The trees are a little taller, and a couple of lamp-posts have been moved. But the rest could come straight out of Abraham Zapruder's colour film. The thoroughfare curling down from Houston Street and disappearing beneath the beige-coloured Triple Underpass Bridge. The Grassy Knoll on the right, from where Mr Zapruder stood with his movie camera.
The Picket Fence behind it. Finally, instinctively, you cast your eye upward behind you to the sixth floor of the old Depository building, and the window from where Lee Harvey Oswald fired the shots which killed President John Kennedy. Or, as they say in Dallas, allegedly fired. I had imagined that finally America had come to terms with the fact that Oswald had done it alone, that there was no conspiracy involving the CIA or FBI, the KGB, the Mafia, Cubans, or Martians; that a nondescript, disgruntled individual had bought a $12.78 mail-order rifle and changed the course of history. But not a bit of it.
The previous evening I had inquired of a taxi-driver how far the Kennedy site was from my hotel. "Look, if you believe JFK was killed by a lone gunman, I'll sell you a fine chunk of desert as prime real estate," was his opening gambit, followed by a tale of how he had arrived in Dallas from Amarillo a couple of months before the assassination, and ended up that night having a drink in the Vegas, Jack Ruby's night-club, with none other than Patrolman J D Tippit, whom Oswald would murder shortly before his arrest. Which is, of course, material for half a dozen decent plots.
The next day, when I visited Dealey Plaza and the Kennedy museum, which now occupies the sixth floor of the old warehouse, a man on a street corner was hawking $5 copies of "The Questionmark Newsletter - 32nd Anniversary Special Edition".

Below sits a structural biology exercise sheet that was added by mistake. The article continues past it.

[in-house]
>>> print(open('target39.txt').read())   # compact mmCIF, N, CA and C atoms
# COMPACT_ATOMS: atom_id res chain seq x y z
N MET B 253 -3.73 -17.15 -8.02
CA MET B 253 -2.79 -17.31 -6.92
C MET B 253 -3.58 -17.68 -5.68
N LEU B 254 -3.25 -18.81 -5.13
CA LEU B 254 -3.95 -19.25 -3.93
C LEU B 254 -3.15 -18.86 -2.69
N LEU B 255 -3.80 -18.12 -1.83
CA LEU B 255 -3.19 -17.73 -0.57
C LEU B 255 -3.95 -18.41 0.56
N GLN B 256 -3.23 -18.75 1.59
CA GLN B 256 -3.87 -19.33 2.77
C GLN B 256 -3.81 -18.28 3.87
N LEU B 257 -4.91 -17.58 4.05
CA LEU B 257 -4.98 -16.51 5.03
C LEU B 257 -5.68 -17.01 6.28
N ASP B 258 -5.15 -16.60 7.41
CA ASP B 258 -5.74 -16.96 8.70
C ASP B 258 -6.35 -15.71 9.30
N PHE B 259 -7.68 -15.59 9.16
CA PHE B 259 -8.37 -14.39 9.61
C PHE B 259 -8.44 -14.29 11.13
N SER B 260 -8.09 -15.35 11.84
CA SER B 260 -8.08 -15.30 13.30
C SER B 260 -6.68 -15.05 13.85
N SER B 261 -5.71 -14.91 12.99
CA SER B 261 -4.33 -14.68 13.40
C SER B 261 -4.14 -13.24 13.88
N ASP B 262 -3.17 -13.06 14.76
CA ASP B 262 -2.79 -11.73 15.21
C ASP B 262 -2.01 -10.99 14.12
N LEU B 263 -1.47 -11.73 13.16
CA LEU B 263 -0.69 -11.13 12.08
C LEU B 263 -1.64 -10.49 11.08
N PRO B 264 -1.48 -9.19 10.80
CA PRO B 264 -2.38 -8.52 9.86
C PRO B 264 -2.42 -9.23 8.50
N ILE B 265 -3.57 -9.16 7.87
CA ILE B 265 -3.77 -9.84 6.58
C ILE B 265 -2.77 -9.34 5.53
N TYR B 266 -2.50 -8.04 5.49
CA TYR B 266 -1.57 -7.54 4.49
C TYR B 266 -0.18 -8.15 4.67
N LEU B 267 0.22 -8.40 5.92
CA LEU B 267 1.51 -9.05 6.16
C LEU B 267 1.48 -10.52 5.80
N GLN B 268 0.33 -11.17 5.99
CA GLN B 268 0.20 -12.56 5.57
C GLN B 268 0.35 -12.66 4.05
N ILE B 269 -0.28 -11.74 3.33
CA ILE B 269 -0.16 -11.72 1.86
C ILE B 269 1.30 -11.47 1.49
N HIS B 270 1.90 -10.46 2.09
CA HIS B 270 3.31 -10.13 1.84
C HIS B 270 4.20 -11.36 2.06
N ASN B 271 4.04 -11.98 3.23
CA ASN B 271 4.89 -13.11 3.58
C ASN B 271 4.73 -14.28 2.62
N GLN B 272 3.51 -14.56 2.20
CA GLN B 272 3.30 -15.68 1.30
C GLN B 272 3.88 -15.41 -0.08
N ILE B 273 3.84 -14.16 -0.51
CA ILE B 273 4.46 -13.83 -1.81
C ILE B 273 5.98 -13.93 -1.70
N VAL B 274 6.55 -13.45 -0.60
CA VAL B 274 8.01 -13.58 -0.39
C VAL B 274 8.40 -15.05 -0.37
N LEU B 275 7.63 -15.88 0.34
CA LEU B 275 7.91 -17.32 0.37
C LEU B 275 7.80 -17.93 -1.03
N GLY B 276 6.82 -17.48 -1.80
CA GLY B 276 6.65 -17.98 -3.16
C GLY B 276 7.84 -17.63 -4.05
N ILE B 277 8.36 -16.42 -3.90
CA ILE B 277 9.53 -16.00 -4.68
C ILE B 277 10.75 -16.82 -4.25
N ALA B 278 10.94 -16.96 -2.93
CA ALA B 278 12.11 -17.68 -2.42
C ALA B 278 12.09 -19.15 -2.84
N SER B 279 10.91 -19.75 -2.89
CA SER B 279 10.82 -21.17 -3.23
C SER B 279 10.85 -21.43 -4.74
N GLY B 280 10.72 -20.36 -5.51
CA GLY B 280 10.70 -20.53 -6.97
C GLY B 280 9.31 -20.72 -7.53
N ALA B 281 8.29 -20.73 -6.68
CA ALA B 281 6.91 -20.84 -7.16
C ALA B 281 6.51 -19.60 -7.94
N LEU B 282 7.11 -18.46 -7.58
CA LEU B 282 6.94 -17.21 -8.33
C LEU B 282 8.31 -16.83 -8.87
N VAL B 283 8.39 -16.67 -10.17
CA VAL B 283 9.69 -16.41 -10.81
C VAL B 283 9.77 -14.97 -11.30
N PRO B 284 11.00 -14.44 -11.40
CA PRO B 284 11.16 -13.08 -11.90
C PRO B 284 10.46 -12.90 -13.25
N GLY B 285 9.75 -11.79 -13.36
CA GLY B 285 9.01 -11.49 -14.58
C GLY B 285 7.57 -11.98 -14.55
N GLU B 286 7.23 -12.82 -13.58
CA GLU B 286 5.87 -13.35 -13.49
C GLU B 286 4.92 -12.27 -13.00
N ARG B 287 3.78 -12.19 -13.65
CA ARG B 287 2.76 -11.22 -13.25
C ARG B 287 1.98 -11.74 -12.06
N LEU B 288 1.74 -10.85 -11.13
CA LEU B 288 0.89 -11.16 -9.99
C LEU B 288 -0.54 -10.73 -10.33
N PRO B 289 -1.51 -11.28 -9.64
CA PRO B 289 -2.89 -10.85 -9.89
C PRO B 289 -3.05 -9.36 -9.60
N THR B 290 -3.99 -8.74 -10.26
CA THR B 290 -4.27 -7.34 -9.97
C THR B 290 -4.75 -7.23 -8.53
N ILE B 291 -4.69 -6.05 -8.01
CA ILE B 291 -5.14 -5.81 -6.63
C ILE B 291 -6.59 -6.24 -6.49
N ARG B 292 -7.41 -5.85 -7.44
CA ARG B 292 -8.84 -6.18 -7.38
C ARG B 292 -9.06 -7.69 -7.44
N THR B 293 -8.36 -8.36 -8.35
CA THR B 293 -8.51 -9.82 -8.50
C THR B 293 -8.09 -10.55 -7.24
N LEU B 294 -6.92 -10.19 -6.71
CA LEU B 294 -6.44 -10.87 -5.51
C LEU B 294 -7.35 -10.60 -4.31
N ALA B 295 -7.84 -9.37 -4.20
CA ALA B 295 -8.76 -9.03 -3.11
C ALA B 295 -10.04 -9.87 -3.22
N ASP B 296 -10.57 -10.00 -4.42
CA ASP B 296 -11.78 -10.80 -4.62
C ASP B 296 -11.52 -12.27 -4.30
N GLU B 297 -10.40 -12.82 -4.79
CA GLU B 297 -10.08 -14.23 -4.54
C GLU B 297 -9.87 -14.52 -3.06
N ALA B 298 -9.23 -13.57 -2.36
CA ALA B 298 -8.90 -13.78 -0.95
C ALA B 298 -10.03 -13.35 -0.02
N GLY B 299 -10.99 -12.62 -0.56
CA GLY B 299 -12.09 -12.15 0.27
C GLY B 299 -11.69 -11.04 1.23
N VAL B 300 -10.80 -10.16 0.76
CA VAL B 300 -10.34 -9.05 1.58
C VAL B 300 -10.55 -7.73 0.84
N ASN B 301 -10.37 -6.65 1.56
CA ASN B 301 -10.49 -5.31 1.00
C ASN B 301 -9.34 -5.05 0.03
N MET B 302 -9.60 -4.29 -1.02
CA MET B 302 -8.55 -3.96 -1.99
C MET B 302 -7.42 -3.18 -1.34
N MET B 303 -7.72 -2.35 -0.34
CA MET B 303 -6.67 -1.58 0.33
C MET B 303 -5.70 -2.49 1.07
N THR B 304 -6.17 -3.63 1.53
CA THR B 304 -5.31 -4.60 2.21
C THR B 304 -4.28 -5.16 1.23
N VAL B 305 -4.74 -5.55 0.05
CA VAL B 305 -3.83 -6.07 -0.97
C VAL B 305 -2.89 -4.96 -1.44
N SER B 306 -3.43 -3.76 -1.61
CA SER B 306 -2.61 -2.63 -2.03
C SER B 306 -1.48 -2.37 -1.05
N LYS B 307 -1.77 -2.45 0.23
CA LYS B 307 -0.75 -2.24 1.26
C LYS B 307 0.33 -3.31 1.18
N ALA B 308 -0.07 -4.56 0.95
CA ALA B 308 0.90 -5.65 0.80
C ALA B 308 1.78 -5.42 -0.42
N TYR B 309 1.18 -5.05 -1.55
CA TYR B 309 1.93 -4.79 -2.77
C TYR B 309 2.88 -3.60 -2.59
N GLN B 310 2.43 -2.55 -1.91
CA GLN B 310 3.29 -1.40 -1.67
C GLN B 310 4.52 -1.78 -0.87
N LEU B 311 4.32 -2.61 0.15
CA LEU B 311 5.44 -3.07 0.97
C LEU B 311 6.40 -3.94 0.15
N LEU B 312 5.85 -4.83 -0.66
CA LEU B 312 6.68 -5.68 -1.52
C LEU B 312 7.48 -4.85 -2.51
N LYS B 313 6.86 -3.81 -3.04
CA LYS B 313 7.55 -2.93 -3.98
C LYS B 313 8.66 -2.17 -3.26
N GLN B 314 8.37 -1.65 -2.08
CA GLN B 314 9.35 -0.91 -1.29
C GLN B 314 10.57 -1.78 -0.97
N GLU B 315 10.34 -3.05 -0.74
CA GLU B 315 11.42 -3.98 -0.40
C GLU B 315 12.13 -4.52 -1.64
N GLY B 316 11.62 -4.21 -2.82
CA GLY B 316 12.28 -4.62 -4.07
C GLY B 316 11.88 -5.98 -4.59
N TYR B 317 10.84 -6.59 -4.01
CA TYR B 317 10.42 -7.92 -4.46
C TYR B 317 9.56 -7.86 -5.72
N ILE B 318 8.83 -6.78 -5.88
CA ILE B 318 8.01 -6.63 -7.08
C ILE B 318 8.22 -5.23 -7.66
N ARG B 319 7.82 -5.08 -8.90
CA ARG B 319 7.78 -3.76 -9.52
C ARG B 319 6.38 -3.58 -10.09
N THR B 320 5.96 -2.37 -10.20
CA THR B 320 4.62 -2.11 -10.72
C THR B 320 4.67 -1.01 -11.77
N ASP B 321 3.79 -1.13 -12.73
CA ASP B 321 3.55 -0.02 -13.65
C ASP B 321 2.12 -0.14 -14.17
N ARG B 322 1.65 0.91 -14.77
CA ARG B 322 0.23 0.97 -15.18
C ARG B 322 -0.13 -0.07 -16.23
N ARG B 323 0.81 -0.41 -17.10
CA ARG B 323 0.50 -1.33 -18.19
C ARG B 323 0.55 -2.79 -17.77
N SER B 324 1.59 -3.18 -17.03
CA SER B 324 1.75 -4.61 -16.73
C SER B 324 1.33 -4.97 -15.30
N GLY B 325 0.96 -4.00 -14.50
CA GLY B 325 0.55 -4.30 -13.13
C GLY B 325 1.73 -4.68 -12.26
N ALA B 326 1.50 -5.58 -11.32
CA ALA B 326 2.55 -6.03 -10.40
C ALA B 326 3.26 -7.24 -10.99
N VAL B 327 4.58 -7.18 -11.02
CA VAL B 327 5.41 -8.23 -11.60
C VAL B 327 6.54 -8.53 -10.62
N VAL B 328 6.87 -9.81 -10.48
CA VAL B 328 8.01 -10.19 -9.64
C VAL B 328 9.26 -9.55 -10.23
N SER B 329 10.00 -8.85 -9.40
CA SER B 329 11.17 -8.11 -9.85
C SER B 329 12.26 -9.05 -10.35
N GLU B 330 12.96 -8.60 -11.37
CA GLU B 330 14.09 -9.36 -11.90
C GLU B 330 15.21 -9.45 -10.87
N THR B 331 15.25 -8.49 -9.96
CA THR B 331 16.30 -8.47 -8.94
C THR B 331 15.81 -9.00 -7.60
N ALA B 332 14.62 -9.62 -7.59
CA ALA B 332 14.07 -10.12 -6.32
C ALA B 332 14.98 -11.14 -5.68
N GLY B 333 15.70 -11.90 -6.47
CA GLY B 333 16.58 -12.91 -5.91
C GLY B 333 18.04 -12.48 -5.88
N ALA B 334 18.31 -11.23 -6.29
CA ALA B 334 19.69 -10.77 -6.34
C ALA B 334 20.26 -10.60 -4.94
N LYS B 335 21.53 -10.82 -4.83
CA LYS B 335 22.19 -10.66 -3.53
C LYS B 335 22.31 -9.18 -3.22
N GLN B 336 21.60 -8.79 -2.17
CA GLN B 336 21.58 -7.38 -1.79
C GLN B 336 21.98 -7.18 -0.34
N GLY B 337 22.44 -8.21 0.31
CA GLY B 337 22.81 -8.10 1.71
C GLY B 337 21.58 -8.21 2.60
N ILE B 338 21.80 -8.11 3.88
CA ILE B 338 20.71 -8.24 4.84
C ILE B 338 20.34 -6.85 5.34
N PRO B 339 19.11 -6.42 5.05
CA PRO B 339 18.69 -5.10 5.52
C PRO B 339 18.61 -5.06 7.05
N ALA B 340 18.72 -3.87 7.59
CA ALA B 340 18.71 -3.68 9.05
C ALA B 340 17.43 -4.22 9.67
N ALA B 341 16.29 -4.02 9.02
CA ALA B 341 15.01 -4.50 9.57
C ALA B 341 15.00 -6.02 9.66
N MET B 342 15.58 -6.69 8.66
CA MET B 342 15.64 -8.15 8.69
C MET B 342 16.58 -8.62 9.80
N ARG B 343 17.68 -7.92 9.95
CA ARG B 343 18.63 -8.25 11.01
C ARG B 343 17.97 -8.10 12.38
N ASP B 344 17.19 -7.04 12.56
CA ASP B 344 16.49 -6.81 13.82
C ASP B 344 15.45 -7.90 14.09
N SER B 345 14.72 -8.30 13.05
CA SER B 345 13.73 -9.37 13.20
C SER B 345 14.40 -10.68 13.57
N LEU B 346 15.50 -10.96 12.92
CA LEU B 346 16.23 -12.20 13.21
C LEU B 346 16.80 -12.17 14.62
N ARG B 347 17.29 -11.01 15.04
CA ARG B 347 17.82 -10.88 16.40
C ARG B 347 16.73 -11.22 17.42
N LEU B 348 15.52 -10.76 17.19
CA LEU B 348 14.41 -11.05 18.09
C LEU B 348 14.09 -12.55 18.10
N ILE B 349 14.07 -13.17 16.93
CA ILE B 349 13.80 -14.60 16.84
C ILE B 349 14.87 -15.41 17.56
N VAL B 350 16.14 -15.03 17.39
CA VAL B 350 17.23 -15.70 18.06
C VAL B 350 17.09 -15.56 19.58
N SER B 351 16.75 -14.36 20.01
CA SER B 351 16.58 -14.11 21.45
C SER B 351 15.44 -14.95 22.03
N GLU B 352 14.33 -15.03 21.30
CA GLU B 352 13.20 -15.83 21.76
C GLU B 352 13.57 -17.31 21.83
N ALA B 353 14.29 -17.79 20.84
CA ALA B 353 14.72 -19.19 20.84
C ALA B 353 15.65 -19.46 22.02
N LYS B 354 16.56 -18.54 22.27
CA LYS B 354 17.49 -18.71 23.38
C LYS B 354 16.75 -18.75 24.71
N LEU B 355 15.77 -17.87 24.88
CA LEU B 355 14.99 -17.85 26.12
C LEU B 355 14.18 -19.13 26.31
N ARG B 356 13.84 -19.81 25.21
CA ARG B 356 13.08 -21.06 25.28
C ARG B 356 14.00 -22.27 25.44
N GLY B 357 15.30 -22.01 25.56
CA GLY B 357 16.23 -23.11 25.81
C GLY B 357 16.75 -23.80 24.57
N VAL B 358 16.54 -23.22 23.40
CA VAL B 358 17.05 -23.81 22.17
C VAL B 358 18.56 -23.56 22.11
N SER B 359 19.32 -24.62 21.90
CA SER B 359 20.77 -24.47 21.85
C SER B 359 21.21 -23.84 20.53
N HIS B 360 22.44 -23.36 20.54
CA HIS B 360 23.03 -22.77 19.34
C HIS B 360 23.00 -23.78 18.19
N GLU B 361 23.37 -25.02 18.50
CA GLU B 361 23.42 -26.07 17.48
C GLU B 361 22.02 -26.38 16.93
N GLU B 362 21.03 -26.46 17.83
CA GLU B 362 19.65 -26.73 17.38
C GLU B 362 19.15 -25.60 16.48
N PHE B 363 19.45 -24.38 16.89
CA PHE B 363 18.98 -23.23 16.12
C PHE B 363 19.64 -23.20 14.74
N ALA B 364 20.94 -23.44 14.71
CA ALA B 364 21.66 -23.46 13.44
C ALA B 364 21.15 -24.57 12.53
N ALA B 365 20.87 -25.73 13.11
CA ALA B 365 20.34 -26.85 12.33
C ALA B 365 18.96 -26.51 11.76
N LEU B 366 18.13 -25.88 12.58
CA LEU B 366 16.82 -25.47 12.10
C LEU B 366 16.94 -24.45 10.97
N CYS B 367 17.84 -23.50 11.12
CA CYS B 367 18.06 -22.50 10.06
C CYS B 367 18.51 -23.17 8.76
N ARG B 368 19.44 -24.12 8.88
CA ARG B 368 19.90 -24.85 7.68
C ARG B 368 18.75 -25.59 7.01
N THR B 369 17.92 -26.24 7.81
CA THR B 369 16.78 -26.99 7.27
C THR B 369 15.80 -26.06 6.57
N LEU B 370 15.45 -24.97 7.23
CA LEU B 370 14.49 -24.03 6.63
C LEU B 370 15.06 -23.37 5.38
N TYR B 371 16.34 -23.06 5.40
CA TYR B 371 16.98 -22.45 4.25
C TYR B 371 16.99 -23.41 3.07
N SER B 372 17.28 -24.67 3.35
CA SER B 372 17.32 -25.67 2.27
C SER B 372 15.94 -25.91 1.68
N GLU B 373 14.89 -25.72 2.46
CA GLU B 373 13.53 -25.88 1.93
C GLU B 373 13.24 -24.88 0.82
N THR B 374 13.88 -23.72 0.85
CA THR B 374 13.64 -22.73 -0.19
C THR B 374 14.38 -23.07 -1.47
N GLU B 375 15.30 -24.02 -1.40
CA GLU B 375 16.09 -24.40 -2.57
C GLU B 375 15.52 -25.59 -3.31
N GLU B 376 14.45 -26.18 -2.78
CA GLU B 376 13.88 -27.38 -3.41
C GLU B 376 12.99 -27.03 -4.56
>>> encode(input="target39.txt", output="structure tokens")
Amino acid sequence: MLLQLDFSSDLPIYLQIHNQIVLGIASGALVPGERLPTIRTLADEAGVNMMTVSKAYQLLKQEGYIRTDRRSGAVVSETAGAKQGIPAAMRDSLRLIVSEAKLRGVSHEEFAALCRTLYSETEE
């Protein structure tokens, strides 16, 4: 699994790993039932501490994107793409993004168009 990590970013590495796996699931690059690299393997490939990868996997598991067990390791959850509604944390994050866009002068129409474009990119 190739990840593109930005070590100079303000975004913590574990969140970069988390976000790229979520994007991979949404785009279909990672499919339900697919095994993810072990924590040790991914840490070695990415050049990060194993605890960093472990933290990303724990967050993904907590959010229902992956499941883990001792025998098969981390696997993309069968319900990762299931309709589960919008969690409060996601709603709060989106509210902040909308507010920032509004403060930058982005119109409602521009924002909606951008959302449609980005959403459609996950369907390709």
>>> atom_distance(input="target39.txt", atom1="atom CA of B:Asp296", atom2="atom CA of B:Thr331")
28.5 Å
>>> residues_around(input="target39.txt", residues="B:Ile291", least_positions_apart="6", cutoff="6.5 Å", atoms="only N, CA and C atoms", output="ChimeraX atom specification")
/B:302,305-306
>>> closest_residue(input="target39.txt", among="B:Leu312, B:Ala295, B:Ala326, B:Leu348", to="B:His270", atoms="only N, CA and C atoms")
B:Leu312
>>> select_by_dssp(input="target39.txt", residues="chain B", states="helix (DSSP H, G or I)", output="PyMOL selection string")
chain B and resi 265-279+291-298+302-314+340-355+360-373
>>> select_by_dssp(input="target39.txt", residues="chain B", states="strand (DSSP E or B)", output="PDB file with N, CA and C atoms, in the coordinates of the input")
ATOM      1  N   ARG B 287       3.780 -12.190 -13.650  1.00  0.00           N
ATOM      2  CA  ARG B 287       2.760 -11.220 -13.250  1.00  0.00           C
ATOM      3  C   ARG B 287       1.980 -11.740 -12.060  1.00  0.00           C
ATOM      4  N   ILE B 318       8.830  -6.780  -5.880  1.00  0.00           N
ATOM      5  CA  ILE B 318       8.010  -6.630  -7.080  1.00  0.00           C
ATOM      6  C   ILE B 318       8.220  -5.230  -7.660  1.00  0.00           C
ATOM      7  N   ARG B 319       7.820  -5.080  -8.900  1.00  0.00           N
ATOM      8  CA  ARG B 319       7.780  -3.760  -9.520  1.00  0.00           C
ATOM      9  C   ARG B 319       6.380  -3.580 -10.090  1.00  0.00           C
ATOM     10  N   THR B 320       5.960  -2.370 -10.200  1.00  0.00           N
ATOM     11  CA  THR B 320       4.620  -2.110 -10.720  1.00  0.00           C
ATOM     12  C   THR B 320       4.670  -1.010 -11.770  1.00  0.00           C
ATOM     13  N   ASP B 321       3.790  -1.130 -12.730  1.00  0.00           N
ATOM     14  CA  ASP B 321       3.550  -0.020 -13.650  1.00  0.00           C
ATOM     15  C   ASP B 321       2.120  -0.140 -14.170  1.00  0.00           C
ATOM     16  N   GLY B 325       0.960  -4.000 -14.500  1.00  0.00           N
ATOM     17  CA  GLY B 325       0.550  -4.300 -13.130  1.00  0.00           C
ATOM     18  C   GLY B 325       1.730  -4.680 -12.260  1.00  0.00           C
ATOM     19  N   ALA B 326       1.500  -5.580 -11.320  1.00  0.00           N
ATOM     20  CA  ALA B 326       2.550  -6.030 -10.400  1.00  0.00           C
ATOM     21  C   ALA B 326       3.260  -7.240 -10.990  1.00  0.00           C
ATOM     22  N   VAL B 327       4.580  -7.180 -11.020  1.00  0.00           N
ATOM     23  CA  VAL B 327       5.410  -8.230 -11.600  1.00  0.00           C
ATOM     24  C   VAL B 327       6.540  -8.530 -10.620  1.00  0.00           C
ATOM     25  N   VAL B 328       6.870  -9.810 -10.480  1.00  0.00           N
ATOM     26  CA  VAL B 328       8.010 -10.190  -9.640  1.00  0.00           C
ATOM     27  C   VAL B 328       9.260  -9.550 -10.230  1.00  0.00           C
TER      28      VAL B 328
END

It contained a selection of blurred photos with arrows and markers, and photocopies of government documents with "Secret" all over them.
"It's rumoured the real assassin sometimes comes back here," he told me, before pointing out the corner window from which Oswald "allegedly shot the President". And that word is everywhere, on a commemorative marker, even on the official plaque on the Depository wall. Alleged, Alleged, Alleged ...
Approaching the museum, I half expected the worst. Vulgarity is not unknown in Texas. But with the exception of a $3 "JFK Carpark", there is nothing tacky about the Kennedy site.
The museum itself is a masterpiece of its kind. It peddles no theories and offers no cheap sentiment; only a minutely detailed exposition of an event which, even three decades on, needs no embellishment to stir deepest grief.
What sticks in the mind? The "sniper's perch", fashioned amid piles of cardboard boxes of books, strewn as they were 32 years ago. Seen here, the television footage of the funeral in Washington and the unbearable and unearthly dignity of Jacqueline Kennedy there is more powerful than ever.
Then there are those words of the Dallas television commentator describing the cheering crowds lining the presidential motorcade's route minutes before the assassination, which must have come back to haunt him ever since: "There's no danger whatsoever, the welcome is overwhelming ... "
But it is tiny mementoes of tragedy which linger longest: the garbled wire-service dispatch which gave the first word of the attack and - most poignant of all - an invitation to the official dinner that the Kennedys were to attend in Austin on the evening of 22 November, the guest's name handwritten in perfect italics.
But a good conspiracy theory can conquer sorrow. Here are a couple of entries in the visitors' book: "Will the USA ever have another politician with such dignity, grace, perseverance and strength?" wrote Eric Czaplinski of New Jersey. "For my sake and our country, I sure hope so." On the opposite page was scrawled, anonymously: "Does Dallas possess the autopsy report - where is it?"